What does it mean to be an artist? To create art? How does one measure the creative process, and who is qualified to do so? Does the average audience want to listen to two hours of the film industry examining their trade and the deep meaning they feel they add to the world? Probably not.
While “Birdman” approaches these topics with a seriousness that can only be parody, the overall message is heavy-handed and too esoteric for the average theater experience. This is one to be watched in the comfort of your own home, where you can dissect the components and try to divine the deeper meaning of it all. See? Even the review of this film is getting pretentious.
BIRDMAN or The Unexpected Virtue Of Ignorance is a black comedy that tells the story of an actor (Michael Keaton) – famous for portraying an iconic superhero – as he struggles to mount a Broadway play. In the days leading up to opening night, he battles his ego and attempts to recover his family, his career, and himself. (Synopsis by Fox Searchlight)
The challenge of “Birdman” is to decide if it is being serious in its artistic dissertations, or if the whole thing is supposed to be a riff on self-exploitation in the name of the creative process. Or maybe Keaton is just trying to restart his career. The film evokes the 2008 Jean-Claude Van Damme opus “JCVD,” but with deeper themes and multiple layers. Keaton is the driving force and the film exploits the actor by connecting script and reality. Many of the jokes reference Keaton’s real-life career and are seamlessly weaved into the character that Keaton is playing. Coupled with that is the internal monologue of Keaton’s character and psychotic episodes of super powers he imagines he possesses. There is a disharmony created for the audience that keeps you guessing about the intentions of the film. It is a delicate balance and Iñárritu manages it deftly.
The real surprise is the performance of Norton. It is easy to forget how good an actor he is until you see him in something like this. He is competing with Keaton, who is excellent here, and still manages to dominate the screen. This is a slightly unconventional character for him; a caricature of an actor obsessed with himself and his methods. Norton plays it with an egotistical glee and risk that is unmatched in some of his other work. Whatever character restraints he imposed in “American History X” or “The 25th Hour” are discarded. This is a distinct, constructed role for Norton who plays a critical role in the examination of the self-obsessions of our world. Norton is the bridge between the younger generation of viral sensations and Keaton’s character’s traditionalist approach. But this triangulation of viewpoints is discarded by the third act, as Norton simply disappears from the film. This leaves his plot arc unfinished, but it is a necessary course adjustment to focus the movie back on Keaton in the final scenes.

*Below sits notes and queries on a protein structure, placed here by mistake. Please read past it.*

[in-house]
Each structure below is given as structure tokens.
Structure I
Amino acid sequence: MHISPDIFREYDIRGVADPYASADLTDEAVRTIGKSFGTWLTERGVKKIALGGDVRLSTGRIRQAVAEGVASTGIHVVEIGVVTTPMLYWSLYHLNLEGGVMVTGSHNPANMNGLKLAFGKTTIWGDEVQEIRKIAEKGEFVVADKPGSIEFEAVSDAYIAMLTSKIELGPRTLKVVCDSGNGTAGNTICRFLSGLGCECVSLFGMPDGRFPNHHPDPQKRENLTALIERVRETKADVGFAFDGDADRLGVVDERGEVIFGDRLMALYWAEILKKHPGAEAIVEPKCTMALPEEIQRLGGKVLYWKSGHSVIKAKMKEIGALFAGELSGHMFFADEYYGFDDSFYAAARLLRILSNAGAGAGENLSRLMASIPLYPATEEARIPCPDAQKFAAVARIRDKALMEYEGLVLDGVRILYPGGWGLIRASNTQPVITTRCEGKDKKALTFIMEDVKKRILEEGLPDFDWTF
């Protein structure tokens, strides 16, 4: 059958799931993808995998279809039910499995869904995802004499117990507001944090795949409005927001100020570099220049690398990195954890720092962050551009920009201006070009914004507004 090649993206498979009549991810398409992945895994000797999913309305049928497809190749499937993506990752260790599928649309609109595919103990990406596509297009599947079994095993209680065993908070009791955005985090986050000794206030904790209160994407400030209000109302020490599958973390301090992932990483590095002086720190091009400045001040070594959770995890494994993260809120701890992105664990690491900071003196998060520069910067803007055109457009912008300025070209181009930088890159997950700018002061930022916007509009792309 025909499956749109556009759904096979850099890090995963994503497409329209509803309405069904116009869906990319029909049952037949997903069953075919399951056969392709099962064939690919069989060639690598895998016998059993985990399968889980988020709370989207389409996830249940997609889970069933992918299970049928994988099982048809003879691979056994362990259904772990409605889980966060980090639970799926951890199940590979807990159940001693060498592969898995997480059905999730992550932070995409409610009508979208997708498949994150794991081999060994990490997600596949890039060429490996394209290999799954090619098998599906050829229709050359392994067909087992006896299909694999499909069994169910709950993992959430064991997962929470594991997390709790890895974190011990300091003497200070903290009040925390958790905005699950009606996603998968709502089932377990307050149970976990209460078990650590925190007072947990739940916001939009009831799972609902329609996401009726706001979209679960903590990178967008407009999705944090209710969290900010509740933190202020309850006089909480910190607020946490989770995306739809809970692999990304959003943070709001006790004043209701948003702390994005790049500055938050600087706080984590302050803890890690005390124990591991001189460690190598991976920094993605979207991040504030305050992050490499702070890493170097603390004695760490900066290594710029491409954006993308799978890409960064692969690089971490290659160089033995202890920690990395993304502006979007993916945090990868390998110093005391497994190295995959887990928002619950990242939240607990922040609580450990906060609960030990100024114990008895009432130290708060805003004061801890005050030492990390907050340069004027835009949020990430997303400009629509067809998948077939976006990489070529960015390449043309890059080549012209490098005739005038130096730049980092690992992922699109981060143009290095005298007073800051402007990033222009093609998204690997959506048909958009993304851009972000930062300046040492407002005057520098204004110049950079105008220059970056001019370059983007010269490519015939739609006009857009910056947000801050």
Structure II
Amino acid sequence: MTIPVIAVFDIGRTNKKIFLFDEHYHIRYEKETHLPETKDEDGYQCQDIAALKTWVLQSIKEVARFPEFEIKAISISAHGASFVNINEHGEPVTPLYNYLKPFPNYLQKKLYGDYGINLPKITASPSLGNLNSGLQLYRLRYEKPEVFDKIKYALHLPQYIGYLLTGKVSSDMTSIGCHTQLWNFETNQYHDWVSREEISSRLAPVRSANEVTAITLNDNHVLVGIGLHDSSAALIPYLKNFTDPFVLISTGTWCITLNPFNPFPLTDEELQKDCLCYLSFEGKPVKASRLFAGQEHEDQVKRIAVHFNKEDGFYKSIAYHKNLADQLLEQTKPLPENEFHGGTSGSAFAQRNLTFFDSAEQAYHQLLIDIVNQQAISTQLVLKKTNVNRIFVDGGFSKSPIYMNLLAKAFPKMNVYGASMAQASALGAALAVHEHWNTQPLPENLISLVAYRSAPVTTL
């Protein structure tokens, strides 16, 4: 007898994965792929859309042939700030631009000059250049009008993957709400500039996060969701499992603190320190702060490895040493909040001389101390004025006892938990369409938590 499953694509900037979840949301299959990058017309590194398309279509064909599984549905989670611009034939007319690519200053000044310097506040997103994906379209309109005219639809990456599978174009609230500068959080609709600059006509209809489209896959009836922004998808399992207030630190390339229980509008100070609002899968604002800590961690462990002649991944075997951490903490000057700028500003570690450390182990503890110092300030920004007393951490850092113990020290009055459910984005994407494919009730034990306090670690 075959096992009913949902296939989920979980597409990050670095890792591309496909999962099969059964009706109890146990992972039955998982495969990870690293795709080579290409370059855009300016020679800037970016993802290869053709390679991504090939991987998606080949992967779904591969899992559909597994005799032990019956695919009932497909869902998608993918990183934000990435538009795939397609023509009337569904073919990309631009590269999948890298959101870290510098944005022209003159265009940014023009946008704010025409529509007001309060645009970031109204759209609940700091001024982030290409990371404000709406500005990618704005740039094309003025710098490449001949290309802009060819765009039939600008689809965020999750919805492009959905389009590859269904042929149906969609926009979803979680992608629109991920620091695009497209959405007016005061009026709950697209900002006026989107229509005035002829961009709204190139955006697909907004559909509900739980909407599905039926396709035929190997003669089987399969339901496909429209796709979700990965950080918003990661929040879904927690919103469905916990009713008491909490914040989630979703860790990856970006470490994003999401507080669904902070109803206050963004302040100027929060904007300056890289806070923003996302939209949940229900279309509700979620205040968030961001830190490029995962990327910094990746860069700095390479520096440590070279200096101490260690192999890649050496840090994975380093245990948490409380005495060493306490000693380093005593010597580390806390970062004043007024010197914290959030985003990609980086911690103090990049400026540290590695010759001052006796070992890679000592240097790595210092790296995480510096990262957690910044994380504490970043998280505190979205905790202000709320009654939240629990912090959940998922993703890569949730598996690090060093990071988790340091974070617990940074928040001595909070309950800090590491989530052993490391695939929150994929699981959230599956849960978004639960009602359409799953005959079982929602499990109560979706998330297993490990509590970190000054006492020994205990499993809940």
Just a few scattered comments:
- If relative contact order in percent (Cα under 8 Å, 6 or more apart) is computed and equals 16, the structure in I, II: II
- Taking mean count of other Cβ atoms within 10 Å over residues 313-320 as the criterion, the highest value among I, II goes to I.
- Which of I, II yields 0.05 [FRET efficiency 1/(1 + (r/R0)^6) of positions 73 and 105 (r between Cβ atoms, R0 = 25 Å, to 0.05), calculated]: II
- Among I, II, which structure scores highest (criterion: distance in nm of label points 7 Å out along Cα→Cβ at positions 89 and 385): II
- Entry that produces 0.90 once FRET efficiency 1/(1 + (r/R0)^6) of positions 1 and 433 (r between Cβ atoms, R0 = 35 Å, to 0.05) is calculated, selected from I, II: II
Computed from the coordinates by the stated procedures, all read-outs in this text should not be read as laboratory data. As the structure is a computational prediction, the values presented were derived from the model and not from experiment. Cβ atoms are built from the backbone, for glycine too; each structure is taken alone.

Above all else, “Birdman” is an experimentation in imaginative film-making from Iñárritu. At times this skates dangerously close to being too clever for its own good. But there is also a self-awareness about the absurdity of what’s presented—to the point that during a dreamlike sequence of internal monologues, the film calls its own pretentiousness out by switching gears to a fantasized action scene. In that scene, Keaton’s imagined inner voice stares out at the audience and asks why they aren’t making an actual “Birdman” action film instead of this artsy crap, all while helicopters crash and explosions proliferate the street in the background. Just as quickly, it is all swept away and you are again immersed in the heavy hand of the “art” film.
If you sign up for this expecting a full-on comedy, then you’re probably signing up for the wrong thing. The film is a meditation on the meaning of existence and the impact of man. There are some laughs, but this isn’t “Death to Smoochy.” In many ways, this is only going to be funny for people old enough to remember Keaton’s career at its height. The younger generation will be wondering what is funny, just as Emma Stone’s character does in the film. See, it’s life imitating art. Or life is art. Or something. This one requires at least two viewings to get it all in.
“See It/ Rent It/ Skip It”: See it, but rent it. This one is too heavy to digest in the theater environment.
THREE STARS out of four.
Directed by Alejandro González Iñárritu
Rated R for language throughout, some sexual content, and brief violence.
Runtime: 1 hour and 59 mins.